Orange County's rolling fields give rise to a bumper crop of musicians. From Libba Cotten and Kay Kyser to James Taylor and Tift Merritt. From Doug Clark and the Hot Nuts to Southern Culture on the Skids and the Neil Diamond All-Stars, both native species and transplants thrive in its fertile soil.
I am not among these musically gifted. Heaven knows I tried. But after washing out of guitar lessons while still in elementary school, I realized a different career path was advisable. So I focused on being a top-tier supporter. Those who can, play; those who can't become fans.
Anywhere on any given night you can hear live music in the Orange County air. On back porches and in front yards, inside living rooms and out in garages, people are making beautiful music together: jazz, blues, country, bluegrass, rock, classical.
Most anybody anywhere knows about the famous Cat's Cradle, UNC's Memorial Hall, The ArtsCenter, The Cave and the Local 506. But there are other places to catch a band or soloist, if you go looking.
On the Highway 54 by White Cross, you'll find The Kraken. That is if you don't whiz right on by it. The tiny bar hosts a variety of live music pretty much nightly and is worth the ride.
Fifteen minutes up the road in Hillsborough, locals are jamming at the new Billsborough Live Music Hall downtown. The open-mic nights every Tuesday showcase local talent, and the blues jam on alternate Wednesdays is first-rate. Other places to catch a show in Hillsborough include The Depot and The Mystery Brewing Public House.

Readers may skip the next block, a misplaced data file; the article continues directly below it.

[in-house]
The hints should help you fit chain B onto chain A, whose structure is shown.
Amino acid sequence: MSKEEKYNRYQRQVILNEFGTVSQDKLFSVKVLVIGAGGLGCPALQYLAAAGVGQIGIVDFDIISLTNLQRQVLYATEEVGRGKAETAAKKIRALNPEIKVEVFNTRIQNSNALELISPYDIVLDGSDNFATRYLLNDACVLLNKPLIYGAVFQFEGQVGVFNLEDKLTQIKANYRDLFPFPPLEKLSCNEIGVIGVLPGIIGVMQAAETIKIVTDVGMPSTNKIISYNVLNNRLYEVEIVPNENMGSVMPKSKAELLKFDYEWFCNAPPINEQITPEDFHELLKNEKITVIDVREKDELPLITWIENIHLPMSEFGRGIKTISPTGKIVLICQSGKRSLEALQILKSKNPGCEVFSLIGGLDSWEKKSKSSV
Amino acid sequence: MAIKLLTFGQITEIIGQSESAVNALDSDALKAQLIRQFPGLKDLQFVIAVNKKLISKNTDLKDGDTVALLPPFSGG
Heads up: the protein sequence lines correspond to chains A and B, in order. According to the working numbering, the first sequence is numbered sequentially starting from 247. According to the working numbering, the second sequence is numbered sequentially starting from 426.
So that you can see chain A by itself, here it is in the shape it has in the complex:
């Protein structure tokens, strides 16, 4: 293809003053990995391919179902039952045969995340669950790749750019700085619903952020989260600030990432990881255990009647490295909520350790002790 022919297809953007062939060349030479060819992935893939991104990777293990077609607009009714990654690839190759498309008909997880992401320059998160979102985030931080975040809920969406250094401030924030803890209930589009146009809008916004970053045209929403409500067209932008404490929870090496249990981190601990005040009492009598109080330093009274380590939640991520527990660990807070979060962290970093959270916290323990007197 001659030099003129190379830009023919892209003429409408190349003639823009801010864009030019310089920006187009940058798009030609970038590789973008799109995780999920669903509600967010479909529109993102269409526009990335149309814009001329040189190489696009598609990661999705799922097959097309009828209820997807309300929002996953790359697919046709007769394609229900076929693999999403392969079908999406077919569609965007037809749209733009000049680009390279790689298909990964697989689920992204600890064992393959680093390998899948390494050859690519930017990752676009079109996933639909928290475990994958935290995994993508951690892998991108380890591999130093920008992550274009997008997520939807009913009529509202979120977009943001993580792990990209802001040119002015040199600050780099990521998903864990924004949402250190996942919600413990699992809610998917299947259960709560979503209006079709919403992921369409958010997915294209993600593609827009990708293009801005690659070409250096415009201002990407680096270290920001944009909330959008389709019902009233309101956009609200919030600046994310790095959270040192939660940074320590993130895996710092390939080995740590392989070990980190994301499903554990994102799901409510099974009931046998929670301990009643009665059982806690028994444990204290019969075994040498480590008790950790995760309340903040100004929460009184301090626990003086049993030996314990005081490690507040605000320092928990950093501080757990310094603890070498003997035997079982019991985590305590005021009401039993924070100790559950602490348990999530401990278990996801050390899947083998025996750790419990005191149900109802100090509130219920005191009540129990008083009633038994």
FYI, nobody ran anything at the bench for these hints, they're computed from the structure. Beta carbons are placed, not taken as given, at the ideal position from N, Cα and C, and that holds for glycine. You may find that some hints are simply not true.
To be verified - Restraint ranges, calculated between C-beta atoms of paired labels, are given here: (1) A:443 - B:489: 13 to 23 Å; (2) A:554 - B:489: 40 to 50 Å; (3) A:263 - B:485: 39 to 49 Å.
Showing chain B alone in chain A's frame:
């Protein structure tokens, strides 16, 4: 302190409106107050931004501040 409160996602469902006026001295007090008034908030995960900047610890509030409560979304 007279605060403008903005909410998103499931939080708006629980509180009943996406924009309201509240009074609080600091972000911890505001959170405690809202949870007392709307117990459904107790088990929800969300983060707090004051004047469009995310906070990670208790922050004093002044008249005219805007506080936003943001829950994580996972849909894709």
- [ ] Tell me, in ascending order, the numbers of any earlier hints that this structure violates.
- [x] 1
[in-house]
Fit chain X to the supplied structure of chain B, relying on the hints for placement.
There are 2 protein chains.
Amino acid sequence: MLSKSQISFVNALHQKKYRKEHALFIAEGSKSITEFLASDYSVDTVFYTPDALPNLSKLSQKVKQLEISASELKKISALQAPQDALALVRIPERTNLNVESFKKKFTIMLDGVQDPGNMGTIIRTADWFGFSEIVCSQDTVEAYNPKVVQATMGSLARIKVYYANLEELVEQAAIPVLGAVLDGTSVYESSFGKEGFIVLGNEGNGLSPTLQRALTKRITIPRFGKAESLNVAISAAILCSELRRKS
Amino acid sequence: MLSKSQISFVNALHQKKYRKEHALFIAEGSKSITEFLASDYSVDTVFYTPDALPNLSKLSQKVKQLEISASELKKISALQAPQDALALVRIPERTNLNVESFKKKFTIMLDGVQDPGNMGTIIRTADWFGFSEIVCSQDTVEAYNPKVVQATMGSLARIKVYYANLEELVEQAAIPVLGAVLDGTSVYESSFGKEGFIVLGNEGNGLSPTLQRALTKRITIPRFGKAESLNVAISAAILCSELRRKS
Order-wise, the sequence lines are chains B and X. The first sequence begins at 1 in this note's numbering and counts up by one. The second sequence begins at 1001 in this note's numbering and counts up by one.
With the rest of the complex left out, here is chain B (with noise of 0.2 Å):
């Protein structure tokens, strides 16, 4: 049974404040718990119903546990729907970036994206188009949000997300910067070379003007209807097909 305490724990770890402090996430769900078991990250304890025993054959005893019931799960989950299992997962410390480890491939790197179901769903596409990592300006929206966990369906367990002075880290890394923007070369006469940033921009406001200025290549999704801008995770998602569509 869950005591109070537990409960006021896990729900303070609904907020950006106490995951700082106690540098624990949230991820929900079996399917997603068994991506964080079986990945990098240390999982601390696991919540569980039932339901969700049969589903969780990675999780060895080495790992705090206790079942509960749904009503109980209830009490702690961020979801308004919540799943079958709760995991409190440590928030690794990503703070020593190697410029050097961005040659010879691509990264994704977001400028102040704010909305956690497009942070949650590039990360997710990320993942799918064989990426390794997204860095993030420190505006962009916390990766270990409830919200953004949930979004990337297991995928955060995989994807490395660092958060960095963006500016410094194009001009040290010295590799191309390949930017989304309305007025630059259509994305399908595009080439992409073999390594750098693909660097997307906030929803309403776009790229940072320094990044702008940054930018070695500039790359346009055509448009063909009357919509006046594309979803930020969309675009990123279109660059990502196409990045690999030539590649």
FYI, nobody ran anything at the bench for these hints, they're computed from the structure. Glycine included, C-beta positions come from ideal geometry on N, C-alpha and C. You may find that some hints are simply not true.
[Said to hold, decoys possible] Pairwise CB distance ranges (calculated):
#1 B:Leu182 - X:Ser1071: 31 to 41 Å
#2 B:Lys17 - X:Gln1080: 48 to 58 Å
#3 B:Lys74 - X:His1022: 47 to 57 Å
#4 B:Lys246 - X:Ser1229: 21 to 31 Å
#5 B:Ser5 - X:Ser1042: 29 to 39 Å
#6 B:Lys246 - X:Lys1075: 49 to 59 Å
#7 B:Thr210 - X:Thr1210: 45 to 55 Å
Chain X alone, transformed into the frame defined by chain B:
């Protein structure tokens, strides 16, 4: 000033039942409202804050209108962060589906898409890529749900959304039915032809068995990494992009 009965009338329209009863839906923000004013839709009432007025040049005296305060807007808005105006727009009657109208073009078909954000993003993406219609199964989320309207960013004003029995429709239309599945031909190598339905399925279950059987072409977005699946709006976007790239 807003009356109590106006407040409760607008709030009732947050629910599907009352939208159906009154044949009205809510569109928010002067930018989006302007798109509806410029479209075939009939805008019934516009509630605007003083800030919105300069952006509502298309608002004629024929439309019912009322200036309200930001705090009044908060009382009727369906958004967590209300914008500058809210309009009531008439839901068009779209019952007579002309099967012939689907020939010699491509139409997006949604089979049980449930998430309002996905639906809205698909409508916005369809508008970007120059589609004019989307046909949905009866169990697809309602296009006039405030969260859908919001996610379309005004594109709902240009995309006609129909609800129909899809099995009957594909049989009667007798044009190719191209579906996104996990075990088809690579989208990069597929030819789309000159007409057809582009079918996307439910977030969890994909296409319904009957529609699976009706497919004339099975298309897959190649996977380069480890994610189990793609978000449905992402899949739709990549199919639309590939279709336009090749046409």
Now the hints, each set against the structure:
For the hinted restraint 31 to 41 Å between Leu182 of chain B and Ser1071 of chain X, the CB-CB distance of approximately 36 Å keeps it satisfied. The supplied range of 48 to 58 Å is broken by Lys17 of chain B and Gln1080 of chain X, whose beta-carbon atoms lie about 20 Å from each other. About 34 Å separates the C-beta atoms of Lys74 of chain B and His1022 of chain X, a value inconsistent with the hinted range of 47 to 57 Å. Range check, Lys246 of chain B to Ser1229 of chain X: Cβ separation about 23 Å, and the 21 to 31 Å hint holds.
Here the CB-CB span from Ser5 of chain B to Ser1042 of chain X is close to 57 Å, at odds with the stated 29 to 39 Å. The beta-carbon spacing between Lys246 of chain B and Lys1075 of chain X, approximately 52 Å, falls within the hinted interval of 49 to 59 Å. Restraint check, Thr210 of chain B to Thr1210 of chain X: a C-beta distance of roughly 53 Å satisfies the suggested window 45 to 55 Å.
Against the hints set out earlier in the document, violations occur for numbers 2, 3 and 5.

Down in Carrboro, The Station hosts open mics and shows, as does The Open Eye. New to the scene is Oasis, tucked into Carr Mill Mall, where you can catch world music and other acts. There's always great music at local festivals, but the granddaddy is the annual Carrboro Music Festival, which hosts tons of great bands at venues and temporary stages all over town, drawing thousands from around the region.
East on Rosemary Street is Nightlight, which my friend Tom calls "the Triangle's well-established home for experimental music" It's run, as the owners like to say, "by low-income party people," and it's the place where "art" meets "anything goes" any night of the week. Gotta dance? Bebop over to the West End Wine Bar on Thursdays for a rooftop dance party during the warmer months. There's also a nice performance space in the basement that hosts bands regularly.
And if you want to party in the privacy of your own home, we've got recorded tunes covered. Carrboro's All-Day Records and Chapel Hill's CD Alley are tiny stores with huge inventories of vinyl and CDs from local bands, commercial favorites and obscurer acts that only true fans could love.
Orange County's a mighty fine place to be a musician, my talented friends tell me. I can tell you with authority that it's also an amazing place to be a fan.
Margot Carmichael Lester is a freelance writer and editor in Carrboro.